Thursday, January 26, 2023

Twentieth Century Talkers


John Cameron Swayze (1906-1995) was an American news commentator 
during the 1940s and 1950s who later became best known as a product spokesman. Born in Wichita, Kansas, Swayze initially sought to work as an actor. However, the Wall Street Crash of 1929 curtailed acting roles on Broadway and he ended up in radio by 1933.

Swayze hosted the radio program Stranger Than Fiction. In addition, he worked in sports, writing about and broadcasting football games, and took part in early experimental television broadcasts. By 1940, Swayze was working full-time doing news updates for Kansas City's KMBZ. He broadcast news items prepared by United Press Kansas City bureau overnight editor Walter Cronkite. By 1946, Swayze was hired by NBC as director of news and special events for its Western Division. Two years later, NBC produced The Camel Newsreel Theatre, a 10-minute program of daily events using newsreel film, which Swayze narrated and often scripted.

Eventually, NBC executives tired of Swayze's flamboyant delivery style, in contrast to anchorman Douglas Edwards's comparatively low-key delivery on CBS. The ouster offered him various television roles as a game show panelist and product pitchman. For twenty years beginning in 1956, Swayze became widely known as the commercial pitchman for Timex watches, subjecting Timex watches to grueling physical tests. After retrieving the watch, his authoritative delivery was perfect for the company's slogan, "It takes a licking and keeps on ticking."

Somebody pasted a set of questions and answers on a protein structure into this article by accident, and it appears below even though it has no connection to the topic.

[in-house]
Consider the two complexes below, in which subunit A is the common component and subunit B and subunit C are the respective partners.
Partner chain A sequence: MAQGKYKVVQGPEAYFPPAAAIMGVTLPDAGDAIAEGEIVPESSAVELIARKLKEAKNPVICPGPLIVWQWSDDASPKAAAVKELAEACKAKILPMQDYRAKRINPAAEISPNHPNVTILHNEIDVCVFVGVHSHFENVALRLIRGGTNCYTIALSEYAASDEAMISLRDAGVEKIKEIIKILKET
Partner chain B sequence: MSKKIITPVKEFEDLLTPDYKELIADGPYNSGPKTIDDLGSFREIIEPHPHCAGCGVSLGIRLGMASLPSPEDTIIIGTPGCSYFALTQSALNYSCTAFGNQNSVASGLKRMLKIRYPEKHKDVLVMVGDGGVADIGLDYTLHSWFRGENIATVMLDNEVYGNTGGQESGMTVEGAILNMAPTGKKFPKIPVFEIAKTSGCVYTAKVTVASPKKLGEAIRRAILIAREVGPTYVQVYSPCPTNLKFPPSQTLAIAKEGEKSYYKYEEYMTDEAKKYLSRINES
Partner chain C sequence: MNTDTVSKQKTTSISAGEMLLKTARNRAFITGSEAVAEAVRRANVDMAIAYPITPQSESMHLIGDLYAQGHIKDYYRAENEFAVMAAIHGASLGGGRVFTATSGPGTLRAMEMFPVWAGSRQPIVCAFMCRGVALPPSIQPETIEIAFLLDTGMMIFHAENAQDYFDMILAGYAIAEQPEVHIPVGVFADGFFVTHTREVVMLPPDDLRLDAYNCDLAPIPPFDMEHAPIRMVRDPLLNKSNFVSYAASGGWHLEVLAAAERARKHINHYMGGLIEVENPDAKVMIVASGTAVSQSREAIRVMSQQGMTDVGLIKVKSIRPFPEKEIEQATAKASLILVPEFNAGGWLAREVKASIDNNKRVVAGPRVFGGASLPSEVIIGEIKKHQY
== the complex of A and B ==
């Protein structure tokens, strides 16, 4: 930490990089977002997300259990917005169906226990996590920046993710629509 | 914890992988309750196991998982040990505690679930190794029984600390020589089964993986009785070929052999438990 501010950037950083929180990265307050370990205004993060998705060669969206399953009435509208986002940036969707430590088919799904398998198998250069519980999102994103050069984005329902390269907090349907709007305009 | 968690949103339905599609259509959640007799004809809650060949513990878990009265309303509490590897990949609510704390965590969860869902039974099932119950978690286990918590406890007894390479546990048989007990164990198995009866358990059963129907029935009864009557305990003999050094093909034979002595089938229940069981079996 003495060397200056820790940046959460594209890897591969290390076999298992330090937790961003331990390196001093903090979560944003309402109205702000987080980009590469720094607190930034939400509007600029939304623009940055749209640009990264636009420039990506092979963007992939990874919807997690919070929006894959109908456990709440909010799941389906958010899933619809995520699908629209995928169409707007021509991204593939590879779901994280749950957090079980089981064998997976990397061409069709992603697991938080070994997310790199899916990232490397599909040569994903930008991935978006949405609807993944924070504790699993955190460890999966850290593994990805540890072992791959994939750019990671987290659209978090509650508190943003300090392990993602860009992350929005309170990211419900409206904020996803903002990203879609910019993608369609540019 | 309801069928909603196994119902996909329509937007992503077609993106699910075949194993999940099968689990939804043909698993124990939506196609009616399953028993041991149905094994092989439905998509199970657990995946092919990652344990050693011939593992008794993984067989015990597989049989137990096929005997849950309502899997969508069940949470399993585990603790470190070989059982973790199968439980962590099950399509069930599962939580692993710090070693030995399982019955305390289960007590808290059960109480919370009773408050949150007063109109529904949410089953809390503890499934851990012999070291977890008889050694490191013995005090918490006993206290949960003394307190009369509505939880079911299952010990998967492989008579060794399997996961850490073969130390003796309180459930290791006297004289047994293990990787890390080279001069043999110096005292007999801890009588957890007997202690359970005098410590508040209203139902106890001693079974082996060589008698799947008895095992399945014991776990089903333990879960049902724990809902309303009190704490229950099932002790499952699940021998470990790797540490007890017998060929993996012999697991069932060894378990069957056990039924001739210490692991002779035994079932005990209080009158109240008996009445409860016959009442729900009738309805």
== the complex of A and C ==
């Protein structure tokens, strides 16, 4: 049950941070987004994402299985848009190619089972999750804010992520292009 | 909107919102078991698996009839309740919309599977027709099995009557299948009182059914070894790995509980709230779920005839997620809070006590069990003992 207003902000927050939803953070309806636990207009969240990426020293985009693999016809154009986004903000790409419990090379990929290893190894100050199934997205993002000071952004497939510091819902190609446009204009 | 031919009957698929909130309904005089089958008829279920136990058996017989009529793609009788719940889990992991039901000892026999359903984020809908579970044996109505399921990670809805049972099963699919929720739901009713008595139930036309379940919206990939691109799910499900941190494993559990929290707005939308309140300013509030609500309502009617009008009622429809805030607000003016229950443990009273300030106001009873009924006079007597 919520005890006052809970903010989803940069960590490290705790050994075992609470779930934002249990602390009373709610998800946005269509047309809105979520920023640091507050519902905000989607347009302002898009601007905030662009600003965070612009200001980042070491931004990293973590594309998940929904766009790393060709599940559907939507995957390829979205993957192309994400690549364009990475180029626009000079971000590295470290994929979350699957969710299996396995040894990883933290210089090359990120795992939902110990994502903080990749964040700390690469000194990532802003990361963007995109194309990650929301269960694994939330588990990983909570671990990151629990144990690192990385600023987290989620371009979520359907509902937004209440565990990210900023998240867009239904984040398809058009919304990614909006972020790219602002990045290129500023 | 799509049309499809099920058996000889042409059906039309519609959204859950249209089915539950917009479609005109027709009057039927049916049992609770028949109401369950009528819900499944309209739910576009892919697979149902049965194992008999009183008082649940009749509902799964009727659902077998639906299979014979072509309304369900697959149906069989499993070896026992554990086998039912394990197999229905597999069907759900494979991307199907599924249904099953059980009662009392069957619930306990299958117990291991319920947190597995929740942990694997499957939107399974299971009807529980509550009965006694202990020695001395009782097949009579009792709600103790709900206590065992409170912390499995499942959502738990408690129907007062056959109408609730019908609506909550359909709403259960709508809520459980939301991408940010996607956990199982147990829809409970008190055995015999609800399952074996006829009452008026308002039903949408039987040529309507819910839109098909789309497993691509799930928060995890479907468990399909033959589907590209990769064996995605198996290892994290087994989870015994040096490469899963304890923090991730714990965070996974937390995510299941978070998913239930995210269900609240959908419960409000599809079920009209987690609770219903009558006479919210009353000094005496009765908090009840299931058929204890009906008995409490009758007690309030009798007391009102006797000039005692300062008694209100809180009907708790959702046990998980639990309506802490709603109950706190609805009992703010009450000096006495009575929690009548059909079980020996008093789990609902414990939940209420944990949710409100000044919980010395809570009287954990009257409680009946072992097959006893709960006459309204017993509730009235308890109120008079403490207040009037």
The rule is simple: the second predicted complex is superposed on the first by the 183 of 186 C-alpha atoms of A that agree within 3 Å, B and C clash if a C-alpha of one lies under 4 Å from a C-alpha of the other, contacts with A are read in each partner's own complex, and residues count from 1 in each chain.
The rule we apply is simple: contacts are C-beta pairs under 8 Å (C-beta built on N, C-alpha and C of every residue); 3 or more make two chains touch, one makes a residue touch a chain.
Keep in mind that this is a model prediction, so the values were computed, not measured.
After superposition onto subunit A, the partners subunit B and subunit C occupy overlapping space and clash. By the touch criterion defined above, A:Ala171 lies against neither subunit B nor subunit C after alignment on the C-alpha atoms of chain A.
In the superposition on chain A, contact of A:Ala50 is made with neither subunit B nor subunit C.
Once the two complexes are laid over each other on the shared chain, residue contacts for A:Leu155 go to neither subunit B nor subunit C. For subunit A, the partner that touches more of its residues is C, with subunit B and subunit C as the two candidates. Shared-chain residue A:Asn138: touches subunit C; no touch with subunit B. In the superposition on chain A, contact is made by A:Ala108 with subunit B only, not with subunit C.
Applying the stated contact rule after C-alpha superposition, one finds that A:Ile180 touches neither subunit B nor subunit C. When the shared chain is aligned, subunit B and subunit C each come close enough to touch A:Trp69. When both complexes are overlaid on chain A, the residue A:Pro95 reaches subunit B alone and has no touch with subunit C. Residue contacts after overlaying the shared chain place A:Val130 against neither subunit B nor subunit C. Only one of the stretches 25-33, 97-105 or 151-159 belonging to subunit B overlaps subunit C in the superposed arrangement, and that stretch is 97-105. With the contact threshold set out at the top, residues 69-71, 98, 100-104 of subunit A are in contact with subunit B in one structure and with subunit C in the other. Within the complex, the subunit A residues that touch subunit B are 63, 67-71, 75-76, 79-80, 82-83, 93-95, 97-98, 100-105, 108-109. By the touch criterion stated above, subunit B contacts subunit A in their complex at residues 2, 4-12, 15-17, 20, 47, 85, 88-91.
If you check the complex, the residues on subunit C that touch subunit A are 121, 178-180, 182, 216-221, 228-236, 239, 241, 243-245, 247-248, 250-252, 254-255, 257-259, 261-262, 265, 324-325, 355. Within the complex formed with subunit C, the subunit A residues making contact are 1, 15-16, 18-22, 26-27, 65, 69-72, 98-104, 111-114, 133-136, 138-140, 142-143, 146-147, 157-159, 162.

Wednesday, January 25, 2023

Word Origins



Many years ago there existed in Old English a verb that was the negative of will, "to desire, to be in an acceptable or purposeful frame of mind." This verb's negative was nill, "to be unwilling, not to will." It is known to have existed as early as the ninth century in Anglo-Saxon, and its use continued in good standing until about the first of the seventeenth century. Since then it has become obsolete or archaic except as it has been used specifically in conjunction with one of several expressions signifying futility. All of which implies that "such a thing will be, or will happen, regardless of the desires of the person affected." All these forms have been contracted into the single expression of willy-nilly, which, like the scene above, is futility.